Influencers of the future, the thousands of Canadian youth who participate in DUC’s education programs are bringing new ideas, energy and perspectives to how we approach today’s conservation challenges, including how to safeguard our country’s biodiversity.
Empowering youth through wetland education
Engaging and empowering young people in meaningful nature-based experiences are the impetus behind the Wetland Centres of Excellence (WCE), DUC’s flagship education program.
WCEs are a national network of 28 schools and community partners where students lead wetland projects, peer-to-peer mentorship and community outreach. Students act as stewards of their local wetland, gaining experience in conservation techniques and learning what it means to be a responsible citizen. Here are some of the ways students are taking action to protect plants and animals in communities across Canada.
Action: Removing invasive species
Students from the Vernon WCE are hard at work improving biodiversity at their local wetland. They get out to the wetland multiple times throughout the year, helping to plant native species and remove invasives like Skeleton Weed.
St. Albert, Alberta
Action: Planting native species
Students from the Edmonton WCE plant native trees at their local wetland to improve habitat. Last year they planted over 75 trees! They also participate in water quality testing and garbage clean-ups at the John E. Poole wetland.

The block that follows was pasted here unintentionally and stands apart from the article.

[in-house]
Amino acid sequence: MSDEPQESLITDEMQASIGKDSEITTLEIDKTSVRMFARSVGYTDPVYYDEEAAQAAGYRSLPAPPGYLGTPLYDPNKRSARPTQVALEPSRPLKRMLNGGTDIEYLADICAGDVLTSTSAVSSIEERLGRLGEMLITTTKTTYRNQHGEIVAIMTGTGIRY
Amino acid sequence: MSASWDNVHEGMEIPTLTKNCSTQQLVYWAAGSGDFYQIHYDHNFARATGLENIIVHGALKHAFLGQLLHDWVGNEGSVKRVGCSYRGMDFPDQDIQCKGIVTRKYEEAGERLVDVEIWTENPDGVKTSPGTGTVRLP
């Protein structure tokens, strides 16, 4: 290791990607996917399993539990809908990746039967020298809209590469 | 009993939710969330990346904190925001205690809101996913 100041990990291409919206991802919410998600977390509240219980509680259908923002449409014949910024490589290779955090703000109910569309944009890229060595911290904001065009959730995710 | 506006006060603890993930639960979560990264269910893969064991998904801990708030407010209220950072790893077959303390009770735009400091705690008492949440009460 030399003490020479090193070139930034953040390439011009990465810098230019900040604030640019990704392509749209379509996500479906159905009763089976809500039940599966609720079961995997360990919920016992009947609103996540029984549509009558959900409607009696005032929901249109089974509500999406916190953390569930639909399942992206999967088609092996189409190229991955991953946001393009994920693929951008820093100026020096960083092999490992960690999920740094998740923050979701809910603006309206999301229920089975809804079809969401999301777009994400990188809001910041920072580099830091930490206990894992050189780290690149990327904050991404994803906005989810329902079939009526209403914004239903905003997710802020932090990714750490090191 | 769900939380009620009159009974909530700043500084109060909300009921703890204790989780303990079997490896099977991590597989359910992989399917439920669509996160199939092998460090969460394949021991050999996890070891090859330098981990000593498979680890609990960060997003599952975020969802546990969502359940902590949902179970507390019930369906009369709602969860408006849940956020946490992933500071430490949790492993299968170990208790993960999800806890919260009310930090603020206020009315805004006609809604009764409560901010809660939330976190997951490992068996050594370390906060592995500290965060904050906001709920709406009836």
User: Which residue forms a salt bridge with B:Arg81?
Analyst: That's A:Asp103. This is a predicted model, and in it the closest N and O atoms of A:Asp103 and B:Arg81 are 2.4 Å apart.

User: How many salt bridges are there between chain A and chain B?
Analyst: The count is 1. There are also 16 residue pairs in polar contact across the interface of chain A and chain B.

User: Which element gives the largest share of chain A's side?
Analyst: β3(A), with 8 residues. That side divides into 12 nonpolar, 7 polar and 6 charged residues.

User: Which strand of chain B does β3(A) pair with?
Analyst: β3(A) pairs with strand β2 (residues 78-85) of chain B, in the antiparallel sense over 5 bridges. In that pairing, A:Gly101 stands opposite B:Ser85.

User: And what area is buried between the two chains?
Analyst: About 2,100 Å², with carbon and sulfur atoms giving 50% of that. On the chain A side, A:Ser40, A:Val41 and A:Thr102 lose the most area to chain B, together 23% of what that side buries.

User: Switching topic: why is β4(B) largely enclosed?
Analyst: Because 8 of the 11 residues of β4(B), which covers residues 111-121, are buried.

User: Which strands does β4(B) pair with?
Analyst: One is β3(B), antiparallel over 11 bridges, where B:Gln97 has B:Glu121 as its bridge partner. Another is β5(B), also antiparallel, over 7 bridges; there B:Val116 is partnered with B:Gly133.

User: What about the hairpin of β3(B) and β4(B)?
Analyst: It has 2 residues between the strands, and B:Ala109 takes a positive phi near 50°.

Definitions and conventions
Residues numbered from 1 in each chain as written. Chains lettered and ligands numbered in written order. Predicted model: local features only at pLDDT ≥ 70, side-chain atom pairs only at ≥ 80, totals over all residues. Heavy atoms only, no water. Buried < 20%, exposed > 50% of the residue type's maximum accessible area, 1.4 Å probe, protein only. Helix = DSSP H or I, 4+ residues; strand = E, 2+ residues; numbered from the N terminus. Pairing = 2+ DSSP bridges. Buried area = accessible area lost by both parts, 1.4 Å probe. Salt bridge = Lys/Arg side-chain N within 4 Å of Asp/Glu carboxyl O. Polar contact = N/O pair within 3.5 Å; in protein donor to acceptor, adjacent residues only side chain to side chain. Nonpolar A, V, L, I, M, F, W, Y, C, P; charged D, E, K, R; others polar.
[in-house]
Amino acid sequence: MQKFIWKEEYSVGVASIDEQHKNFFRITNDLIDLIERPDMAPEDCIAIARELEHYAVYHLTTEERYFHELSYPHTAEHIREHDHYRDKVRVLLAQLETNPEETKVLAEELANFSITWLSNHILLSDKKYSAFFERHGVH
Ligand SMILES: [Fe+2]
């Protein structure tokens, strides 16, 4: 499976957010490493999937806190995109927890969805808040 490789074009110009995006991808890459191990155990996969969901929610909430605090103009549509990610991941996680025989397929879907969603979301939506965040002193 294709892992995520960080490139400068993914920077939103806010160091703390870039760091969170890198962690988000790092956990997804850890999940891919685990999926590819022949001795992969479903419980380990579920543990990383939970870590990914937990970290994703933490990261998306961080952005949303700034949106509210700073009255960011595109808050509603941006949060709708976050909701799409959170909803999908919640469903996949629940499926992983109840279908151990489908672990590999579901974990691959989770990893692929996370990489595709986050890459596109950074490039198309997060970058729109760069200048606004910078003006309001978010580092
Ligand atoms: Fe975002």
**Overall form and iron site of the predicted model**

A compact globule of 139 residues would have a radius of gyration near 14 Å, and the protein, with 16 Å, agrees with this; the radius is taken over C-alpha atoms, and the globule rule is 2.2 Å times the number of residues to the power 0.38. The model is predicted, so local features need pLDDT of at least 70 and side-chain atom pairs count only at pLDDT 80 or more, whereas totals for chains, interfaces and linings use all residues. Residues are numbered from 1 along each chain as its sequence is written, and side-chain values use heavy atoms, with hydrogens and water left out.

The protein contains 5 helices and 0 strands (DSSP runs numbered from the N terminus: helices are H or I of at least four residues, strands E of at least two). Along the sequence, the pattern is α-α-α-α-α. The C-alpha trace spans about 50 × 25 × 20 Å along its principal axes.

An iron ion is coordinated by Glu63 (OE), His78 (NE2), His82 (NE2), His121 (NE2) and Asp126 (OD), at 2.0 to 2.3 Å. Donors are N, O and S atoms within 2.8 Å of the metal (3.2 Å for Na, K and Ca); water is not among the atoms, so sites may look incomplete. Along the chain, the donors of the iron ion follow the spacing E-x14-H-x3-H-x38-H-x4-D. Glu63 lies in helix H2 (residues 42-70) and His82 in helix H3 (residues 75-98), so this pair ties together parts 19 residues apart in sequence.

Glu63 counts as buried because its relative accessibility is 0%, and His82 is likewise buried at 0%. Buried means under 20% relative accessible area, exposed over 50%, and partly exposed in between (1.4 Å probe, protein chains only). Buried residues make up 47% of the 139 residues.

Action: Removing invasive species and planting a pollinator garden
At the Saskatoon WCE, it’s the middle school students that act as wetland stewards. They make class trips out to Hyde Park and remove invasive species, including wormwood, Canadian thistle, scentless chamomile and sow thistle. They also planted a pollinator garden at their school to improve habitat.
New Liskeard, Ontario
Action: Monitoring biodiversity – bird banding
The beautiful, award-winning Hilliardton Marsh WCE welcomes student volunteers from Kerns Public School to help identify, band and monitor birds passing through the area. Thousands of birds are banded every year, including waterfowl, songbirds and raptors.
Action: Monitoring biodiversity – invertebrate surveys
Students from the Papineau WCE head to Plaisance National Park for their wetland stewardship. They survey invertebrates at four different wetland sites and sample water quality. They then deliver presentations to the rest of the school on what they found.
Tantramar, New Brunswick
Action: Improving habitat – bird boxes
This is the oldest and largest Wetland Centre of Excellence in Canada. The “Wetheads” at Tantramar Regional High School do it all! They plant trees, remove invasives, build and maintain bird boxes, work on plant, bird, amphibian and minnow inventories, and much more! Pictured above are the blue bird boxes they built and installed last year.
Action: Planting trees and removing invasive species
Every year the Charlottetown WCE students strap on their chest waders, wade into the wetland and spend hours removing invasive nightshade. They also plant native tree species and participate in “Burdock Beatdown,” removing hundreds of pounds of invasive burdock.
Canada's youth in action
Wetland Centres of Excellence are hubs for biodiversity educationExplore DUC-partnered Wetland Centres of Excellence